William Krell

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Shake Your DustersThe Mississippi Rag
William Henry Krell (1868–1933) composed what is regarded as the first rag or ragtime composition in 1897 called Mississippi Rag, published in New York by S. Brainard's Sons and copyrighted on January 27, 1897. The sheet music stated that it was the first rag-time two step ever written and was first played by Krell's Orchestra in Chicago although the structure is in the form of a patrol march. The cover shows a group of all ages dancing to a banjo player before onlookers sitting on a pile of stacked cotton bales on a dock on the Mississippi River. Krell also composed the rag Shake Yo' Dusters! or Piccaninny Rag in 1898. The popularity of "Mississippi Rag" resulted in the emergence of the genre known as ragtime.
William Henry Krell was a Chicago bandleader and composer whose other compositions included:
Mississippi Rag has been recorded by Claude Bolling in 1966, the Firehouse Five Plus Two, Steve Pistorius, Turk Murphy, Paragon Ragtime Orchestra on "More Candy", Richard Zimmerman, Squeek Steele on "Ragtime Volume One", Harmonic Brass Munich on "There's a Man", Knuckles O'Toole on "Knuckles O'Toole: Plays The Greatest All-Time Ragtime Hits", Terry Waldo on "Ragtime Classics Vol. 1", Evergreen Ragtime Trio on "It's a Rouser", Trebor Jay Tichenor on "Ragtime Reunion", the Eastern Brass Quintet, the Avatar Brass Quintet on "Magnetic Rags: Ragtime for Brass", The Black Swan Classic Jazz Band, Lew Green and Jeff Barnhart on Arbors Records...Lew Green & Joe Muranyi:Together.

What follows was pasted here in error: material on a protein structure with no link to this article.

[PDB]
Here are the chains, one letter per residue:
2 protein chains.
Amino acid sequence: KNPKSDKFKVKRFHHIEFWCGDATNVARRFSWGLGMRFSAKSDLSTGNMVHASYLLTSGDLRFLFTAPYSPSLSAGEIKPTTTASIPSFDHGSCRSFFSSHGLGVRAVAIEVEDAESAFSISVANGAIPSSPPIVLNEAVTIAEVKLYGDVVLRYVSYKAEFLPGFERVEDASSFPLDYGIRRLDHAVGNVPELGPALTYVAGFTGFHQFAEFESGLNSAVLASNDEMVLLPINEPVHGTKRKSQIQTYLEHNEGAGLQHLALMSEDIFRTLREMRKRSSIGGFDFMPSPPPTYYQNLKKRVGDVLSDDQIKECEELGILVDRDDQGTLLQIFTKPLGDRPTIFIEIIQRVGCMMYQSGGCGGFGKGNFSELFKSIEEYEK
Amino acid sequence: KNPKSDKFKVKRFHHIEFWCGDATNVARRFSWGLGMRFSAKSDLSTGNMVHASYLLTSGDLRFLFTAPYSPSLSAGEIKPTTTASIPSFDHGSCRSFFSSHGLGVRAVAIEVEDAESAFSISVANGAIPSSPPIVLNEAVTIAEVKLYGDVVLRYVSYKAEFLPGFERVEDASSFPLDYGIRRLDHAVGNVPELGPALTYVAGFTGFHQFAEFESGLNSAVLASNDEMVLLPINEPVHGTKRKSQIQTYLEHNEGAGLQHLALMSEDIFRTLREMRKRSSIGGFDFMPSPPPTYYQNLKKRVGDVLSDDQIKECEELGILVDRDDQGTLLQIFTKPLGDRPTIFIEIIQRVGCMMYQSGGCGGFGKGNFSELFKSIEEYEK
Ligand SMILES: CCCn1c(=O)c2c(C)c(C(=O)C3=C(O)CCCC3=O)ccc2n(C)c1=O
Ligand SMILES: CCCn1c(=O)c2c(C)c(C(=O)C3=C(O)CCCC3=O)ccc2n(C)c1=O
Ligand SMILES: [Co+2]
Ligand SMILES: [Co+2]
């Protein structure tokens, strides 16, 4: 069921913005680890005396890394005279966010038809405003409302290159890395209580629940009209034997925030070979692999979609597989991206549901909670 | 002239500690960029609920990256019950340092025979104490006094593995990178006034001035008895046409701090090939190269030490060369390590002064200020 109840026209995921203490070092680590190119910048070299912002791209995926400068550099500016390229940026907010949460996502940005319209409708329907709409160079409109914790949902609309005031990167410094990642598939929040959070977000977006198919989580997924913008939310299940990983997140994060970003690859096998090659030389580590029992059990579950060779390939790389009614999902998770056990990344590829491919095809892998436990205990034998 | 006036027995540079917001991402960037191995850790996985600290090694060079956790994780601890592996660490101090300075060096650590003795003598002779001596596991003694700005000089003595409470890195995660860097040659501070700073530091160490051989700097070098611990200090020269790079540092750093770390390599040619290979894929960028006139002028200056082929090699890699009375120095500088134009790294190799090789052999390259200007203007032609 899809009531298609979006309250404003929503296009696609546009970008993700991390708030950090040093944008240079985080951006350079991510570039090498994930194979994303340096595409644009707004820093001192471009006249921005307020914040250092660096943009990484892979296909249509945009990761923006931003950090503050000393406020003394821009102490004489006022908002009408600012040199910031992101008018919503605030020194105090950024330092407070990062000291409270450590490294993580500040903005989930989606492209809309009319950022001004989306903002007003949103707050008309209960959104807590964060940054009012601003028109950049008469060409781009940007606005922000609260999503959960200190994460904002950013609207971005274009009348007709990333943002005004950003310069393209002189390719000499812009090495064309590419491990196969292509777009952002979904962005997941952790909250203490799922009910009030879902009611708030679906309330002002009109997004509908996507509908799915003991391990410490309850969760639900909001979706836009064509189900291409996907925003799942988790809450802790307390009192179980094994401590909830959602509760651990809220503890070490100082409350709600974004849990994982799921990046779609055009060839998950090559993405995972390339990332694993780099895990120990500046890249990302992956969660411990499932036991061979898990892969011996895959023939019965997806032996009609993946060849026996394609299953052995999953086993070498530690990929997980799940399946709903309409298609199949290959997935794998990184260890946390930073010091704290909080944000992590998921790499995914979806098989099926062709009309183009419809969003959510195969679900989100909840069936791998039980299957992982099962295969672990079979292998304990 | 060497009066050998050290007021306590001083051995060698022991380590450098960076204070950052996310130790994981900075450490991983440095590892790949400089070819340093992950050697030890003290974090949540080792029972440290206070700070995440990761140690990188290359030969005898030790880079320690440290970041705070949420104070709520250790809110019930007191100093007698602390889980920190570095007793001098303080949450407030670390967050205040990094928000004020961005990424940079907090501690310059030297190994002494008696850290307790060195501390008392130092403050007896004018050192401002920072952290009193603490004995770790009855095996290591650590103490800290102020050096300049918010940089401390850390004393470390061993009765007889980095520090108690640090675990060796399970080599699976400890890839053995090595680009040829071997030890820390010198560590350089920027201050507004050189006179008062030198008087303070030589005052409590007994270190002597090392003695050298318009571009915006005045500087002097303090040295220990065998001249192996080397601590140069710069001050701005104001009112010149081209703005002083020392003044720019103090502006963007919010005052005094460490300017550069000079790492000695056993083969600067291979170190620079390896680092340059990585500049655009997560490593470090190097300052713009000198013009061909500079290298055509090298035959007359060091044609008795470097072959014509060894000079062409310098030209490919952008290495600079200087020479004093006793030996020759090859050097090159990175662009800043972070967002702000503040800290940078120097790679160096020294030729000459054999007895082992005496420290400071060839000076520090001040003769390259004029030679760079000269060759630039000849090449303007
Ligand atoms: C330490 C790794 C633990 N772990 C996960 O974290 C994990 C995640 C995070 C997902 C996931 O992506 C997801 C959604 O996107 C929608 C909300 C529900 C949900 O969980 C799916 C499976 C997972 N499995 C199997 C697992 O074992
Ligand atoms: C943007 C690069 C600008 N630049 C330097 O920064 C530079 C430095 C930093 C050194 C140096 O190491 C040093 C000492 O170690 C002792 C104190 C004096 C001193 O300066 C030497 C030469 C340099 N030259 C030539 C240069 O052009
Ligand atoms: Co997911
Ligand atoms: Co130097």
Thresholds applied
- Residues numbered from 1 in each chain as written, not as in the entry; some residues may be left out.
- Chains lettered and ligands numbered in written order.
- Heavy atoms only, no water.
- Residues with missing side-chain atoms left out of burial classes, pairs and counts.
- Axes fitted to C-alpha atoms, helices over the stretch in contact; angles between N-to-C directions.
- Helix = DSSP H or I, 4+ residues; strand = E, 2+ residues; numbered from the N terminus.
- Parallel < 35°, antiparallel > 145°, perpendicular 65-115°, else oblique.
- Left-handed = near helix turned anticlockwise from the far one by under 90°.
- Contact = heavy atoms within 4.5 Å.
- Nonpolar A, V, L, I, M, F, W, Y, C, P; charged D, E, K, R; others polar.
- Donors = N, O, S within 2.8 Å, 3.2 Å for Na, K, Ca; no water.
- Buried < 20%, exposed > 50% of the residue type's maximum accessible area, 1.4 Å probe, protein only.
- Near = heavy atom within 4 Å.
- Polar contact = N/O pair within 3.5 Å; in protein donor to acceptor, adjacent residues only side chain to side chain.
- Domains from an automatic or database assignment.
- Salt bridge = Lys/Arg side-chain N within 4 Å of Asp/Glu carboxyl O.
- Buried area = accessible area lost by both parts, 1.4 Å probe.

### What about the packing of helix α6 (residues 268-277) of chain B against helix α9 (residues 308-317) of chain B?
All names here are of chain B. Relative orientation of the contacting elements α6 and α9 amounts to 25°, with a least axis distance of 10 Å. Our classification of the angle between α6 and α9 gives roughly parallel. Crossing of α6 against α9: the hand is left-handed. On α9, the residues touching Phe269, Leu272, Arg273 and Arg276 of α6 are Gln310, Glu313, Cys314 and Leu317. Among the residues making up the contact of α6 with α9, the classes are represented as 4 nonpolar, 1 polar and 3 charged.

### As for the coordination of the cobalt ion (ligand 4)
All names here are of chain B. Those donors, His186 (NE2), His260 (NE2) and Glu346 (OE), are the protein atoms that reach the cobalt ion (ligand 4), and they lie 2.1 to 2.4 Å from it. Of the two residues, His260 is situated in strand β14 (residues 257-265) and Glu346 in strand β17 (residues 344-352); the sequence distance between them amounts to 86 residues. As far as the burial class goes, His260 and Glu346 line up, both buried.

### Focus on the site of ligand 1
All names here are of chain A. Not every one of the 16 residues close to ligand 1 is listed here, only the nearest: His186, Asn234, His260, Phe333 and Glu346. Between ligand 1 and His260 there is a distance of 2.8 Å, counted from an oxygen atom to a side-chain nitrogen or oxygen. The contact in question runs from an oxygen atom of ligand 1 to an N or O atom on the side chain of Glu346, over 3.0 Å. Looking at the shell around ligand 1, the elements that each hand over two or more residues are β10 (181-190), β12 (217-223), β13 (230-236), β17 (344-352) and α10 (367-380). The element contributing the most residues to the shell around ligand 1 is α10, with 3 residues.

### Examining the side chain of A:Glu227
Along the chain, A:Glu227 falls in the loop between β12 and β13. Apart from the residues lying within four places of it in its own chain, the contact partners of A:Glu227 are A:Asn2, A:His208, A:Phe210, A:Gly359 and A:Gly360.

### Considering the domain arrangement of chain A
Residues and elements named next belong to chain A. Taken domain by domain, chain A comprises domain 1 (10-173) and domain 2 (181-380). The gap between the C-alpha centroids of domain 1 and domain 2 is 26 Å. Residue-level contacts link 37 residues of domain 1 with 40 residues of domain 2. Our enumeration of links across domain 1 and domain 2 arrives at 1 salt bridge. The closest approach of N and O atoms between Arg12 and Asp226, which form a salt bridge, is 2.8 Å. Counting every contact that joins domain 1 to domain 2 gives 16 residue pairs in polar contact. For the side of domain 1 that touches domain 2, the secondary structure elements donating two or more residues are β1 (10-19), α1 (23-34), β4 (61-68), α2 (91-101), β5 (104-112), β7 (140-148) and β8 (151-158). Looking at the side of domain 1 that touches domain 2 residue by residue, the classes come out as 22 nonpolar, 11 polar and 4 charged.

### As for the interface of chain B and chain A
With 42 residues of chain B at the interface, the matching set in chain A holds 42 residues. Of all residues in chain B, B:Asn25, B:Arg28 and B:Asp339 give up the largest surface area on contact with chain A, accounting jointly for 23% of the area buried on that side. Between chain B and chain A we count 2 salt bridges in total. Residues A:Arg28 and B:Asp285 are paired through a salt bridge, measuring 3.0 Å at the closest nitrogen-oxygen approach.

Since being rediscovered during the first ragtime revival during the 1950s, "Mississippi Rag" has traditionally been regarded as the first ragtime instrumental published. Some musicians, for example Bill Edwards prefer to classify the piece as a cakewalk, that is of a slightly earlier precursor style from which ragtime developed. To support this, Edwards points to the paucity of true syncopation in the written score. On the other hand,like many cakewalk pieces, "Mississippi Rag" readily lends itself to syncopated embellishment by the performer, as Edwards' own rendition of the piece demonstrates.